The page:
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Start with really embracing localization and putting local actors, including allied health professionals, in the lead.
This post was originally published on the Frontline Health Workers Coalition Blog during the UN General Assembly in September 2023.
As global health leaders convene in New York for three separate high-level UN meetings—on the fight against tuberculosis (TB); universal health coverage (UHC); and pandemic preparedness, prevention, and response—there is one critical element required to complete all these agendas, and that is a robust and resilient health workforce. Without sufficient, well-protected, well-trained, and supported health workers in the right places to respond to the health needs of vulnerable populations, the TB epidemic will rage on, UHC will remain an elusive goal, and countries will be unprepared to respond to the next epidemic or climate-related catastrophe.
There is enormous return on investment in the health workforce, but the critical role of allied health professionals is often left out of this conversation. While clinical health workers remain the backbone of high-quality services, equally important to the fight against TB are the logisticians, who ensure supply chains effectively distribute medicines and supplies where they are needed, and laboratory professionals, who ensure rapid and correct diagnosis of TB and other diseases. Universal health coverage cannot be achieved without economists and financial management professionals who ensure budgets are allocated to priority needs, especially those at the primary health care level. And early warning systems are not effective without trained epidemiologists to review data and note anomalies that need response.
Allied professionals across the system enable the critical work of clinical professionals, as do clear-eyed managers and supervisors who constantly adapt and adjust systems and resources to support staff at every level and function within the health system. And there are countless other professionals who provide social support to families, assist people with disabilities, and otherwise support a people-centered and inclusive health system.
The siloed approach to global health... treats health professionals as a commodity to be used by a program—not as people who are part of a community and want to see better health for their countries overall.
Each of these professionals needs to be recognized for their role in achieving global health and broader Sustainable Development Goals; they need the structure and resources to fulfill their roles according to the context in which they work and the space to innovate and generate solutions uniquely calibrated to their local context. This means understanding that their roles and functions are not specific to one disease or one outcome and that truly supporting health workers means supporting their roles in the system to create more effective outcomes for all. The siloed approach to global health that assumes achieving specific outcomes requires a direct link between actions and outcomes treats health professionals as a commodity to be used by a program—not as people who are part of a community and want to see better health for their countries overall.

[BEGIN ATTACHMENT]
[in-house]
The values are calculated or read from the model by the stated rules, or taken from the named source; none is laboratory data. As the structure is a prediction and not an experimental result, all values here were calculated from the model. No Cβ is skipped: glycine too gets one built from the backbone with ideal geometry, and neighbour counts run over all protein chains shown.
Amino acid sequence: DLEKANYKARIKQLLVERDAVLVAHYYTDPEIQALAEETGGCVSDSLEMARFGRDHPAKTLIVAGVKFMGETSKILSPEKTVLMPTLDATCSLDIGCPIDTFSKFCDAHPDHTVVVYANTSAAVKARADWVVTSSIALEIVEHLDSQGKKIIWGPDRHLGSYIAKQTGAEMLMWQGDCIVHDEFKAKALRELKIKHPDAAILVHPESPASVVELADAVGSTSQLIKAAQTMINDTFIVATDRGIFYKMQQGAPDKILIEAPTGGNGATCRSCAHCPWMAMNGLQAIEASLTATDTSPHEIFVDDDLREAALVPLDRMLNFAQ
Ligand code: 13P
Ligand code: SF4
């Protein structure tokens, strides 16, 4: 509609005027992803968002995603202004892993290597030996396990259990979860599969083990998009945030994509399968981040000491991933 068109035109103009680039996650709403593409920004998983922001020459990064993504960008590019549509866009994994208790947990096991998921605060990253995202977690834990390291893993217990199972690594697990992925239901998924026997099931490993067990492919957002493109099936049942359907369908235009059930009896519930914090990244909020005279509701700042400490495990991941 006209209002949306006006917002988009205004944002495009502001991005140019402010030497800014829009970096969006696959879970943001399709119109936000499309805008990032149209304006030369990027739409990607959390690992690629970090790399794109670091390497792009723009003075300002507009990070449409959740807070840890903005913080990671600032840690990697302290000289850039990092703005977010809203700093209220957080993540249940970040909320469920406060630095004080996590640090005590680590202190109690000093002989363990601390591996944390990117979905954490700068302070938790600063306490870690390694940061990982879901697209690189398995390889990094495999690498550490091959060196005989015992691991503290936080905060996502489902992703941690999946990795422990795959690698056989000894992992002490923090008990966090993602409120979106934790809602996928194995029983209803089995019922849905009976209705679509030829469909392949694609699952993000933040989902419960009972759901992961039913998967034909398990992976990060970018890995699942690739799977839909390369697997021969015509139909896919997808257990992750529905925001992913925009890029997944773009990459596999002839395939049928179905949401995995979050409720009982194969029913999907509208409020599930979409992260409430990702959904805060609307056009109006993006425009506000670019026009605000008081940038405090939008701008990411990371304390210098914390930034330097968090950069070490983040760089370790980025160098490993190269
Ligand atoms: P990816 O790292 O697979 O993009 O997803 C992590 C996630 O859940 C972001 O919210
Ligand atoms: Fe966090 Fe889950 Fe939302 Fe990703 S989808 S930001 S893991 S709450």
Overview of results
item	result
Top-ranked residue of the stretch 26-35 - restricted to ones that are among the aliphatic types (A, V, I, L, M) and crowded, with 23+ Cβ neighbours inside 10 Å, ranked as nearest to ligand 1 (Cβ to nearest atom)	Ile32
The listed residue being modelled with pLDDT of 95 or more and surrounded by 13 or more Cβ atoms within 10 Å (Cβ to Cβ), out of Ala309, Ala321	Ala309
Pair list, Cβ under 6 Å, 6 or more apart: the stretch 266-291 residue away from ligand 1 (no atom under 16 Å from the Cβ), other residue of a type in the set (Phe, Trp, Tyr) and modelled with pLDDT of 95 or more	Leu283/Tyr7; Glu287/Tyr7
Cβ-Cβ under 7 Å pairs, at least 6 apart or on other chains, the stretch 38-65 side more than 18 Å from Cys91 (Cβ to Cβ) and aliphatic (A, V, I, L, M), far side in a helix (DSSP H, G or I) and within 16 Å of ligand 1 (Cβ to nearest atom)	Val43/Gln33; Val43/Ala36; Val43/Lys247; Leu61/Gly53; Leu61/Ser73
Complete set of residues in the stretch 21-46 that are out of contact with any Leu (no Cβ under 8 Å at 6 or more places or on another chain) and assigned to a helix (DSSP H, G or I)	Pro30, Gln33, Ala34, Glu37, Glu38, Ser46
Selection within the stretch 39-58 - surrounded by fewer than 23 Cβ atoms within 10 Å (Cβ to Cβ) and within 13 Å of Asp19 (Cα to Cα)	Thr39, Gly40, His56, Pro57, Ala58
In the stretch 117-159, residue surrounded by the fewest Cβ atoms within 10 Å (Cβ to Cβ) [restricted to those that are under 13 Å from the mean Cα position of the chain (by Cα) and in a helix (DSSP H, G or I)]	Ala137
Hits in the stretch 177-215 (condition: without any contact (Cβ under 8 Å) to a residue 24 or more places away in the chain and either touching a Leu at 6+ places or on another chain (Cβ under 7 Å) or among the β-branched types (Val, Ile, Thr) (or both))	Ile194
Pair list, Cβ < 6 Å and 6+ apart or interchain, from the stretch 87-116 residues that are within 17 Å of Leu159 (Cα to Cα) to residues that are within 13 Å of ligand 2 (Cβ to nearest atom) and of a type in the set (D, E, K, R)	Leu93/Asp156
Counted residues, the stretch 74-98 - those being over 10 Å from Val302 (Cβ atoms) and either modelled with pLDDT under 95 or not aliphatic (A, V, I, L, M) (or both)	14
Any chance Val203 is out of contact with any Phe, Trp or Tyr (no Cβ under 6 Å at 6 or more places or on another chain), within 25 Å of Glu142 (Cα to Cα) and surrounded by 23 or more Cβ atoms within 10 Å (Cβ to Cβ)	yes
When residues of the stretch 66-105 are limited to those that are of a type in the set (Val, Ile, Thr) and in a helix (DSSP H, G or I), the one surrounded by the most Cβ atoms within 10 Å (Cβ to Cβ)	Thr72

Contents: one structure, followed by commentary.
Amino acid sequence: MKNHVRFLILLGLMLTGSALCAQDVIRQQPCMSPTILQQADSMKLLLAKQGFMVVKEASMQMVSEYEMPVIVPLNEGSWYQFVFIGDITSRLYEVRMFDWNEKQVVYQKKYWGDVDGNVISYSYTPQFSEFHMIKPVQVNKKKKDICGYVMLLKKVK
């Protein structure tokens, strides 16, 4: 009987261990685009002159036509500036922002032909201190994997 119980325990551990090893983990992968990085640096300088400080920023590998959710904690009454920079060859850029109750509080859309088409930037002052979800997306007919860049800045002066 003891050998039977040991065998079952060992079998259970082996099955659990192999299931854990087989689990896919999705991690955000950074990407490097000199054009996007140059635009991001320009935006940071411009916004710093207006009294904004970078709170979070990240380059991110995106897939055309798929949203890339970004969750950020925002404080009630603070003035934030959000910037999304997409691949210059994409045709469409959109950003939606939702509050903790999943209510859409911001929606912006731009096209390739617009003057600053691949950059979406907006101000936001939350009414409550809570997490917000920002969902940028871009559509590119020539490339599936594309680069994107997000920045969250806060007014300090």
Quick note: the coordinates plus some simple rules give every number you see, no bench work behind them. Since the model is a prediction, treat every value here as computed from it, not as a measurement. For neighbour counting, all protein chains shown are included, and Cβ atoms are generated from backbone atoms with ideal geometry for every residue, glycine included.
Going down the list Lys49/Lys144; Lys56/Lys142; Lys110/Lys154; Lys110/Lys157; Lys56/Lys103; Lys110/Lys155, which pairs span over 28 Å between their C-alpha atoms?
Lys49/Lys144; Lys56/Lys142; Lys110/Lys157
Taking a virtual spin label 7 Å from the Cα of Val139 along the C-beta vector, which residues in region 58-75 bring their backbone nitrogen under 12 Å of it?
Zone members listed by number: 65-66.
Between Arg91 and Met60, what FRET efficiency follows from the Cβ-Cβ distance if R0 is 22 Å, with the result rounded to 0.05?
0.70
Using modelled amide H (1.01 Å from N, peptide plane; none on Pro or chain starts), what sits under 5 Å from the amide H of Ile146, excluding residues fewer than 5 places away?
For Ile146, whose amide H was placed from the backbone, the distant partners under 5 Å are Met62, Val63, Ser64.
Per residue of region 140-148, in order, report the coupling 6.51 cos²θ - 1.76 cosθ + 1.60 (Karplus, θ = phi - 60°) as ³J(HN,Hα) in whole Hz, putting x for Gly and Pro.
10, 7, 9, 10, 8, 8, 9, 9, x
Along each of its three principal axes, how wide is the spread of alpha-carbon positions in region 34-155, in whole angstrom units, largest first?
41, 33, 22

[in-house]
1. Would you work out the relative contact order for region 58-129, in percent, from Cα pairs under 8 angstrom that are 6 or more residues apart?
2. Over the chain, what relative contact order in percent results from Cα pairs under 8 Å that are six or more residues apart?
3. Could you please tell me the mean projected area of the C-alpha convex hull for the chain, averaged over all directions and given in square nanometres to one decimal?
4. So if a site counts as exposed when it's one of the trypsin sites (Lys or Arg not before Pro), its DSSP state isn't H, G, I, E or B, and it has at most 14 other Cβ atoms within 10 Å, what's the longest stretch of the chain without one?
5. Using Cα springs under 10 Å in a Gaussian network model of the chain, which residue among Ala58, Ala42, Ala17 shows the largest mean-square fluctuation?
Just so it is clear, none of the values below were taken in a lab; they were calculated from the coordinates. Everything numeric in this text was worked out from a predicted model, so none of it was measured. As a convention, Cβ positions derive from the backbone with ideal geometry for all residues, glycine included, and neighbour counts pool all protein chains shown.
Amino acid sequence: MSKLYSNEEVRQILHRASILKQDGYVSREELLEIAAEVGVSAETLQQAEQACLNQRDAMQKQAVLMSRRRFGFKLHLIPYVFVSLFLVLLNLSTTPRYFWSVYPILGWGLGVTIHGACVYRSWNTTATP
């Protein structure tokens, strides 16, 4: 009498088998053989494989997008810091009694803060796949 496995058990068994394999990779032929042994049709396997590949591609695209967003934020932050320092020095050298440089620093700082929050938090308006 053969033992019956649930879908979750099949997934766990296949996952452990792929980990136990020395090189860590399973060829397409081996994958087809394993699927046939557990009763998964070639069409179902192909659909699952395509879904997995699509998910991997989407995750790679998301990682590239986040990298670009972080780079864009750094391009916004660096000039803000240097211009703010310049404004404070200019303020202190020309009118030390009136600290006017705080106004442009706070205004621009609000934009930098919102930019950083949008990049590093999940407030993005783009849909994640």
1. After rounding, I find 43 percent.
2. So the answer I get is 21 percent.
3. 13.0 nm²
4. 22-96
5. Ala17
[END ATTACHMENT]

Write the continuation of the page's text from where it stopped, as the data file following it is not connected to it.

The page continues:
Here's how to engage and support the full health workforce needed to achieve the objectives of UNGA’s high-level meetings:
Lately, localization is a constant topic in international development and global health, with much focus on the transfer of funds directly to local organizations. Truly embracing localization, though, means putting local actors, such as allied health professionals and others responsible for the full functioning of critical health systems, in the lead. While the international community has generated research and evidence around what needs to be done to achieve UHC, TB, and pandemic preparedness objectives, we have to recognize that externally-imposed ideas of how to implement evidence-based approaches often fall short.
To truly let the local health workforce lead, the global development community needs to have the humility to trust local solutions. International actors should take a step back and view their role as largely focused on “what” works in terms of evidence-based technical solutions—while giving local actors the space to iterate on how best to implement these in local contexts.
For the global health community, having the humility to recognize the value of locally-generated solutions creates more collaboration and partnership among programs. Rather than each program fearing its issue will be diluted if not solely controlled within their community, they should enter global discussions with a clear-eyed understanding of each program's unique contributions. They should look to understand how these unique contributions can complement, or be complemented, by those of other programs—without competing for resources or “leadership” within the space. That might just pave the way for enhanced results through genuine collaboration.
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